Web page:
The University of Newcastle, Australia

Improving cancer treatment and education

Associate Professor Shane Dempsey is revolutionising radiation therapy for students, health professionals and patients across the country.

In his career in cancer care (oncology) Associate Professor Shane Dempsey knows what it means to multitask. As a radiation therapy clinician he worked to provide each and every patient with an individual treatment plan best suited for them, utiising to its full potential the ever-changing technology available. He also recognised that a diagnosis of cancer brings with it an enormous emotional response for both the patient and their families, and Associate Professor Dempsey sought to address this unmet need by ensuring that each individual patient and their family be provided with the supportive care they needed across their cancer journey.

As an educator of the future oncology workforce both in the Hunter and across Australia he ensures that students and graduates have comprehensive training to provide both patient focussed care, and an ability to assess and implement the most current of clinical practices into every day radiation therapy treatment.

“Both roles let me compare and contrast existing and emerging radiation oncology related methods,” the Head of School of Health Sciences explains.

“We’ve been really lucky with the millions of dollars’ worth of equipment our industry partners and the federal government have provided so that we can both research new approaches to treatment, and train students and clinical staff in the ways of the future .”

A personal research goal is to continually modify existing treatment processes, and develop new approaches, that “maximise” doses to tumours and reduce them to surrounding tissues.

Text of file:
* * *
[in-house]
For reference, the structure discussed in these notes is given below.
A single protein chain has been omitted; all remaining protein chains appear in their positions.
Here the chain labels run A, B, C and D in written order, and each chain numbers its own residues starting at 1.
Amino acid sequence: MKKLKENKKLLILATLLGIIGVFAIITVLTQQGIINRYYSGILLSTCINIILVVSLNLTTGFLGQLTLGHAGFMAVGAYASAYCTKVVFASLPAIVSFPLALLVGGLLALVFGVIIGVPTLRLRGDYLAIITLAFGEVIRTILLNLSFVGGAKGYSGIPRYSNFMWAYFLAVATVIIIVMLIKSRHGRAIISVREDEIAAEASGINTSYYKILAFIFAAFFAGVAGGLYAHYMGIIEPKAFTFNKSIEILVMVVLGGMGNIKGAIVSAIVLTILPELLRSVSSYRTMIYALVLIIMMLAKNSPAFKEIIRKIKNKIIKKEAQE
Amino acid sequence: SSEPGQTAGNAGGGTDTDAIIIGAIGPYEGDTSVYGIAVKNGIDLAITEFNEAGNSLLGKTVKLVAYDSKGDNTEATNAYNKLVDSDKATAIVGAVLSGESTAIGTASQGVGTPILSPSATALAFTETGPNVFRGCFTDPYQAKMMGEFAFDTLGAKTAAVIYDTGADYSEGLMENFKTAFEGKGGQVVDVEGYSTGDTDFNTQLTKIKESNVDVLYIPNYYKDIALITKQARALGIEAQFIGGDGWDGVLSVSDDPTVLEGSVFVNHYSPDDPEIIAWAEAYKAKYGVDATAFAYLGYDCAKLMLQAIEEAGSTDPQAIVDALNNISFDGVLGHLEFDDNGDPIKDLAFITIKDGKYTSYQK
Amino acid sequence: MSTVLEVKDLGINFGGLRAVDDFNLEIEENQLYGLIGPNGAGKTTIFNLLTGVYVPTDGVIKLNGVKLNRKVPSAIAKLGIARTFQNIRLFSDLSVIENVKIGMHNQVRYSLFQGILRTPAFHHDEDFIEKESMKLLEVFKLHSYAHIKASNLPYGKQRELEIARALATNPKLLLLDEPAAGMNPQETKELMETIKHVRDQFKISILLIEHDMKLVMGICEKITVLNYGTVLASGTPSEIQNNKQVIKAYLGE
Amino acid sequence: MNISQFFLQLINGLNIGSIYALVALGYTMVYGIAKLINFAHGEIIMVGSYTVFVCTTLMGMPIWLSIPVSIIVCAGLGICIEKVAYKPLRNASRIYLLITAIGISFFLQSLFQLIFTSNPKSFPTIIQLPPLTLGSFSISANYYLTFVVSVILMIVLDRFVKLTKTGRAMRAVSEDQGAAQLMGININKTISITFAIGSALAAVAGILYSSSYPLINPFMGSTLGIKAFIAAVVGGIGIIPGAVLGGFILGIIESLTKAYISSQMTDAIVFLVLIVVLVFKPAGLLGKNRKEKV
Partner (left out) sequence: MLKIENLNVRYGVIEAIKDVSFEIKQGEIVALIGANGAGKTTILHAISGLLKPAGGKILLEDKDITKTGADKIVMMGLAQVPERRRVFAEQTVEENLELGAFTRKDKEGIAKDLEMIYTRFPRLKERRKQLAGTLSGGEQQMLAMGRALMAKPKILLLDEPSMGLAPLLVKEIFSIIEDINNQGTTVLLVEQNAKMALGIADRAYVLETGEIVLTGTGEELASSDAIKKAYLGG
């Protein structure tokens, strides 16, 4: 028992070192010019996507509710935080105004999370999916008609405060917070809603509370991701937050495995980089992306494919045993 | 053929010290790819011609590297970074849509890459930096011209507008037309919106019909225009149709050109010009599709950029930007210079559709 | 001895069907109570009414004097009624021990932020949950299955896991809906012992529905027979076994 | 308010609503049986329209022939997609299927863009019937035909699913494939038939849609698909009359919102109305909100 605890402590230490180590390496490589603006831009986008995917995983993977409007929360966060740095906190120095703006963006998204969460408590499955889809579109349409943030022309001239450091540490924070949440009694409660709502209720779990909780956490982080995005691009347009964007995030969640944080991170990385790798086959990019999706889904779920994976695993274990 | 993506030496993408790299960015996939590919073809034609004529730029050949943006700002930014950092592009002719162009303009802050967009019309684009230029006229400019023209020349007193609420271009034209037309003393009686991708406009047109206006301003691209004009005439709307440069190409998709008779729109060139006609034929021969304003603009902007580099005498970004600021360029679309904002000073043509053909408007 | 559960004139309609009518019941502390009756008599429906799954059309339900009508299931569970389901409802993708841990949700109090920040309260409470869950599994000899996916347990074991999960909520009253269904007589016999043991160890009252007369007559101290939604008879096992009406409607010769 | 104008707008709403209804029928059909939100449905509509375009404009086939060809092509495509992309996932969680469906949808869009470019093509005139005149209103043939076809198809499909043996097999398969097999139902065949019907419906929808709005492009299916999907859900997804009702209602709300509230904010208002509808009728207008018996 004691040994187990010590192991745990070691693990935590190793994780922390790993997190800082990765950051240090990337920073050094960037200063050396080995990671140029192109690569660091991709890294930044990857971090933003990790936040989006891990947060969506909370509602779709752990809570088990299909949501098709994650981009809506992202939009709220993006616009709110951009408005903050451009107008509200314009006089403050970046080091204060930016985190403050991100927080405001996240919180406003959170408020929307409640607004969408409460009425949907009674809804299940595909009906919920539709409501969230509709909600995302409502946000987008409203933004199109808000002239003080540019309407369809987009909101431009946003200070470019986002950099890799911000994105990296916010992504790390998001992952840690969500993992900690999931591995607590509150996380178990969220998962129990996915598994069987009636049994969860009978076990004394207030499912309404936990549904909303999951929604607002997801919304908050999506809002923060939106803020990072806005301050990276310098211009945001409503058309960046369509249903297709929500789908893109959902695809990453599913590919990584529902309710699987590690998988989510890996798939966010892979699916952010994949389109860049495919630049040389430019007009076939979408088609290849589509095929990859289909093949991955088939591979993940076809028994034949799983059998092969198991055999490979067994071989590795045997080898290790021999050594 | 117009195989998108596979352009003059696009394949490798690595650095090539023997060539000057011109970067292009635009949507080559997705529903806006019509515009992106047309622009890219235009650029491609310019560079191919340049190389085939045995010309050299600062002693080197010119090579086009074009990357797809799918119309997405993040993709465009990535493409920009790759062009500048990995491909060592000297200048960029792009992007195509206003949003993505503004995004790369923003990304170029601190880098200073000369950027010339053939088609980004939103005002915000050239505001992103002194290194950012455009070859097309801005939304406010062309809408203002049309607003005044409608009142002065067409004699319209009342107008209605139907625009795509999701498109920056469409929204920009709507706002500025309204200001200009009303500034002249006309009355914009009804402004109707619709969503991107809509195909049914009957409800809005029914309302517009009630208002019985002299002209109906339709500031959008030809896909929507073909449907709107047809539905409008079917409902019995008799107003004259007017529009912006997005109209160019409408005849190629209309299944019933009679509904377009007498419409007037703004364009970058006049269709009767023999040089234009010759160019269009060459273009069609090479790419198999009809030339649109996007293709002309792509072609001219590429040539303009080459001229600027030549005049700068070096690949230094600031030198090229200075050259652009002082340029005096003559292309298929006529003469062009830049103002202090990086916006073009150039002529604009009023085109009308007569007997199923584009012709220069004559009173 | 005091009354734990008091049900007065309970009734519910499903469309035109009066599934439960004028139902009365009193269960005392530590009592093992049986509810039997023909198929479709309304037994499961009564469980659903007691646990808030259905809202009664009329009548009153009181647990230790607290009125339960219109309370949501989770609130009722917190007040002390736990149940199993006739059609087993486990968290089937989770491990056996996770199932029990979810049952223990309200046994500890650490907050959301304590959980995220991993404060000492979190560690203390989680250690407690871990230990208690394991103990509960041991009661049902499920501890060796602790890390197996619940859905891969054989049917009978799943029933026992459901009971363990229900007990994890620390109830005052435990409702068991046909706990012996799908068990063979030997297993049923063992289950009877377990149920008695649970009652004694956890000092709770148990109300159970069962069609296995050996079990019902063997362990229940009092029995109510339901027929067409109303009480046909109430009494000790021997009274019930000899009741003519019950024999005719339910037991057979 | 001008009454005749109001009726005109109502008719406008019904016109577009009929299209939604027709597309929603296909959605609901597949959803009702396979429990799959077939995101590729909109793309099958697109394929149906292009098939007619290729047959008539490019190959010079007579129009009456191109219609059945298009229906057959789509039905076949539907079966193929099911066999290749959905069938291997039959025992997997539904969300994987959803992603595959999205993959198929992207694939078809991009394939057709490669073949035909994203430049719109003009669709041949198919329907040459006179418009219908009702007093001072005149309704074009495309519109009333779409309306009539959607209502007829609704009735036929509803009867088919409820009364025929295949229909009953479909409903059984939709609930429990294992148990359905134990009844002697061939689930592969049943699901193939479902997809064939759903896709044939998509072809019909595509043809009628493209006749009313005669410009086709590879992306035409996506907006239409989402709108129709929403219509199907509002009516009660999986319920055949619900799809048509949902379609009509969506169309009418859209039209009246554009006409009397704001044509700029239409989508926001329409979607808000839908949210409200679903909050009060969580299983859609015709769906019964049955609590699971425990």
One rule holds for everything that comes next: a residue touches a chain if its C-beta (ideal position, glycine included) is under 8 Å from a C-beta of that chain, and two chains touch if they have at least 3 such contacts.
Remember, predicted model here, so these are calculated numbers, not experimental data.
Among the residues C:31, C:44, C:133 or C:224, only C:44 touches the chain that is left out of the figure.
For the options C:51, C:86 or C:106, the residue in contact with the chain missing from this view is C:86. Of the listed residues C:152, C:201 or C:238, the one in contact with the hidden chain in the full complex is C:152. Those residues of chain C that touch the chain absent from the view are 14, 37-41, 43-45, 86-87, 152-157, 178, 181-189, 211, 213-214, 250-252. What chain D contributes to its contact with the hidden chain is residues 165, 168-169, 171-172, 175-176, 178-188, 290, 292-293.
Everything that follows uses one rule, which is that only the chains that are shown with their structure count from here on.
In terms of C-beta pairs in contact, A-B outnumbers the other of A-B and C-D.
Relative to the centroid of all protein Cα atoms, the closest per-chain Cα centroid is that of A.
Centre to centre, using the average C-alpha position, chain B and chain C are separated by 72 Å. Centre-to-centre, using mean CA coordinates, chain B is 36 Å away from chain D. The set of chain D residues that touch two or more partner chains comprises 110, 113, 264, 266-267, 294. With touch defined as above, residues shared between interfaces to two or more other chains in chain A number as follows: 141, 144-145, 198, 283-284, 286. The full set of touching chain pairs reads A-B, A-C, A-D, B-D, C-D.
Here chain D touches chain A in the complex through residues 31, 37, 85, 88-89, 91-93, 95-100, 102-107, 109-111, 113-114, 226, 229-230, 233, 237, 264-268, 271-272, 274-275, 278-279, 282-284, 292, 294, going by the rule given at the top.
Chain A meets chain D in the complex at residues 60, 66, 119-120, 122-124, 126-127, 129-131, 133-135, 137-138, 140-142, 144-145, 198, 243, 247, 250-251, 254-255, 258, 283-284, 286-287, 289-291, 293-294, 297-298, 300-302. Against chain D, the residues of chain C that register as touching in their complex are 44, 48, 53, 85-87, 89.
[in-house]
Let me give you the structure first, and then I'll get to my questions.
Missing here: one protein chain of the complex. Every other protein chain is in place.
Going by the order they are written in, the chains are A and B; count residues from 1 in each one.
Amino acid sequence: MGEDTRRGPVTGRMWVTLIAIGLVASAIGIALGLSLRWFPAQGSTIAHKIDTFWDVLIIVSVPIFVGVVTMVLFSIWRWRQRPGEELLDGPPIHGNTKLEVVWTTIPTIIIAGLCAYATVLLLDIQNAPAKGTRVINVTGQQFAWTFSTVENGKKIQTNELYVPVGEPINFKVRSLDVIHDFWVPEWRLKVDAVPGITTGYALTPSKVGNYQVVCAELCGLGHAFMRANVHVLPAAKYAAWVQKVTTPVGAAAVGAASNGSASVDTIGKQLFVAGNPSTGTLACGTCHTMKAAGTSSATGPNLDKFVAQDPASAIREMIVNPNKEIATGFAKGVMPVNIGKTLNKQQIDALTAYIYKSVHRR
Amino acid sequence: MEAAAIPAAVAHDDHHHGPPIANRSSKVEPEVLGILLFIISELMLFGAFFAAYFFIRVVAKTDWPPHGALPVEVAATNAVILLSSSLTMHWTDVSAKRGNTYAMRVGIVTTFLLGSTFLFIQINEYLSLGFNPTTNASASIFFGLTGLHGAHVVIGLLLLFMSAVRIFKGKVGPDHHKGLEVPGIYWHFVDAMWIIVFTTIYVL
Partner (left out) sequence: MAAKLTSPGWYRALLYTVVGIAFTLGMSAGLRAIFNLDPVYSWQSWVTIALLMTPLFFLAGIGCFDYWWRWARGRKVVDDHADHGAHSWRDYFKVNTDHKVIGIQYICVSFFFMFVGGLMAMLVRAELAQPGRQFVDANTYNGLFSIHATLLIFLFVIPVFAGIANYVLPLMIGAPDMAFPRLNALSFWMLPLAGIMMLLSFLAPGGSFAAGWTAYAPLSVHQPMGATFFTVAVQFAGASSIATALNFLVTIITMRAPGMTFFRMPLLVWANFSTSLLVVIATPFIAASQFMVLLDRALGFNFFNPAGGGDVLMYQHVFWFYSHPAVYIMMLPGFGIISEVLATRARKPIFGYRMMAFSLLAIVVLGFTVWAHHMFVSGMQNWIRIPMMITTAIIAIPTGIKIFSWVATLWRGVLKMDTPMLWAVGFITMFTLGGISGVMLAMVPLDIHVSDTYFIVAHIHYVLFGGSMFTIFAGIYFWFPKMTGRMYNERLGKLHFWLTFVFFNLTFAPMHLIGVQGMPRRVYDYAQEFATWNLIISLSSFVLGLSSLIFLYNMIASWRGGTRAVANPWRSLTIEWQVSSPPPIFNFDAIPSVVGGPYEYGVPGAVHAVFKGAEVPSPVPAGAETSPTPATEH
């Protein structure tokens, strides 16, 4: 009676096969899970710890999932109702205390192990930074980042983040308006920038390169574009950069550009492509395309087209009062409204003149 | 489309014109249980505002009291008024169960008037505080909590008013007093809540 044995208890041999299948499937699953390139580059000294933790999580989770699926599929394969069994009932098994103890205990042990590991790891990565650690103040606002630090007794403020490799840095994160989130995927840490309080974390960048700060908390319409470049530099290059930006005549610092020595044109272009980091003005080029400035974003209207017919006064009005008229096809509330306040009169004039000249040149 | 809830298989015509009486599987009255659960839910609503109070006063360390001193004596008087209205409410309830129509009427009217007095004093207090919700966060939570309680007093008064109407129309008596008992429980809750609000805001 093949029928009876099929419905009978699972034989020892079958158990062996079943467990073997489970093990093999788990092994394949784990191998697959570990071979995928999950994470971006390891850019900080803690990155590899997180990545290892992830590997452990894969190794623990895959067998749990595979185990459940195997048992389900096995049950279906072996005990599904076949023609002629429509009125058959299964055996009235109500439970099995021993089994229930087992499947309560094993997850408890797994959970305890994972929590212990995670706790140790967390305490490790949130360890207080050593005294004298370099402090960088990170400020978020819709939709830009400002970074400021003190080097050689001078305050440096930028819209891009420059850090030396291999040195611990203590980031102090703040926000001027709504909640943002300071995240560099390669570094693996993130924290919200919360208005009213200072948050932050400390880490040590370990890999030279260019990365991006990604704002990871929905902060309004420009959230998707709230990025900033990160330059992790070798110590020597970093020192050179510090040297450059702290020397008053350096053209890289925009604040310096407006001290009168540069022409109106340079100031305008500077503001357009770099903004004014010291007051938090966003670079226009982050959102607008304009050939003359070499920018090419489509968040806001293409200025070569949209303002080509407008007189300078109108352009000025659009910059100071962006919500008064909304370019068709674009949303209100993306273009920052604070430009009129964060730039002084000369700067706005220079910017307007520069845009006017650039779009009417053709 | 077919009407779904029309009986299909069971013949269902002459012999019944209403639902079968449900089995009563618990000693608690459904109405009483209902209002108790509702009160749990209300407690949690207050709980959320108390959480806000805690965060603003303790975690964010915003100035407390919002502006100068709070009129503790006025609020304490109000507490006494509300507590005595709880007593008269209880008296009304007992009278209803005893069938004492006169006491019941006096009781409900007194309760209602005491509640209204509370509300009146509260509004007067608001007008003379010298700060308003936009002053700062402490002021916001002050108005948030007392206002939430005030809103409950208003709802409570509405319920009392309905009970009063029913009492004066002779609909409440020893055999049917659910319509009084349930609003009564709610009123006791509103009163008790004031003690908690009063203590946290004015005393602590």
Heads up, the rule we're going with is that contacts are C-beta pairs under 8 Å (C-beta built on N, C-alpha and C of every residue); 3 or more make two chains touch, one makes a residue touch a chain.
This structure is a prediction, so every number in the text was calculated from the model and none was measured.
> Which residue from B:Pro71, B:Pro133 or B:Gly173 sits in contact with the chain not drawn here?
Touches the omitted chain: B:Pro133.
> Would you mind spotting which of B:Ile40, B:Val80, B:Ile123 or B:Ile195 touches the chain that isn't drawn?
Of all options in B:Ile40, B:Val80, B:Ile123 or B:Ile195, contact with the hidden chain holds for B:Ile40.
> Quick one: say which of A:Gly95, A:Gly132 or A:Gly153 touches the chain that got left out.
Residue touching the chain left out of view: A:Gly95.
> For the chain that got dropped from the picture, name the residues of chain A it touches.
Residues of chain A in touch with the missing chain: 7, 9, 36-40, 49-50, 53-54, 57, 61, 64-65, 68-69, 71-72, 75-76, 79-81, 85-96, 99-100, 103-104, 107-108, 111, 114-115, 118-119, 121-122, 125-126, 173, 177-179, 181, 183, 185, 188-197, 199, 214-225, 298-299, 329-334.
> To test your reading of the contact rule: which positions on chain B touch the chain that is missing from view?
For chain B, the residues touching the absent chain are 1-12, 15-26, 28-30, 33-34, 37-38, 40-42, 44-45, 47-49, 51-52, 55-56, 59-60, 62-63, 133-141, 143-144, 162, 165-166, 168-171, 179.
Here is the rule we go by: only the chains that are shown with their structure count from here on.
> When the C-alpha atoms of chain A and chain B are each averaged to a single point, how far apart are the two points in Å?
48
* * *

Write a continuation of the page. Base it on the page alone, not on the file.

“Radiation planning systems of the past produced terrible anatomical images – you couldn’t see the malignant tumours or the surrounding organs very well, if at all, so you often had to rely on your own knowledge of human anatomy to guesstimate where they were,” he laments.

“This then meant you had to put wider margins around the radiation beams, which detrimentally affected patients’ otherwise healthy body parts.”

“Modern imaging and treatment technology now allows us to image, locate and accurately contour cancers in three dimensions (3D). By doing this we can now provide radiation treatment that significantly reduces radiation doses to the normal organs while at the same time increasing the dose to cancer targets. This increases the likelihood of a curative treatment.”

Associate Professor Dempsey explains how he has worked closely with world leading clinical partners and the Federal government to develop a simulation suite of radiation oncology equipment that can provide the most up to date training found across Australia and indeed the world.

“To train students and graduates to be flexible and reactive to the patients and technology that they will work with across their future, we have treatment planning labs that allow students to develop and assess plans using the most modern imaging and 3D treatment technologies. We then have a life-sized 3D virtual linear accelerator treatment room (VERT - Virtual Environment for Radiation Therapy), which is the primary instrument that delivers radiation, where students can import their patient focussed treatment plans and see whether their plan works on their patient” he divulges.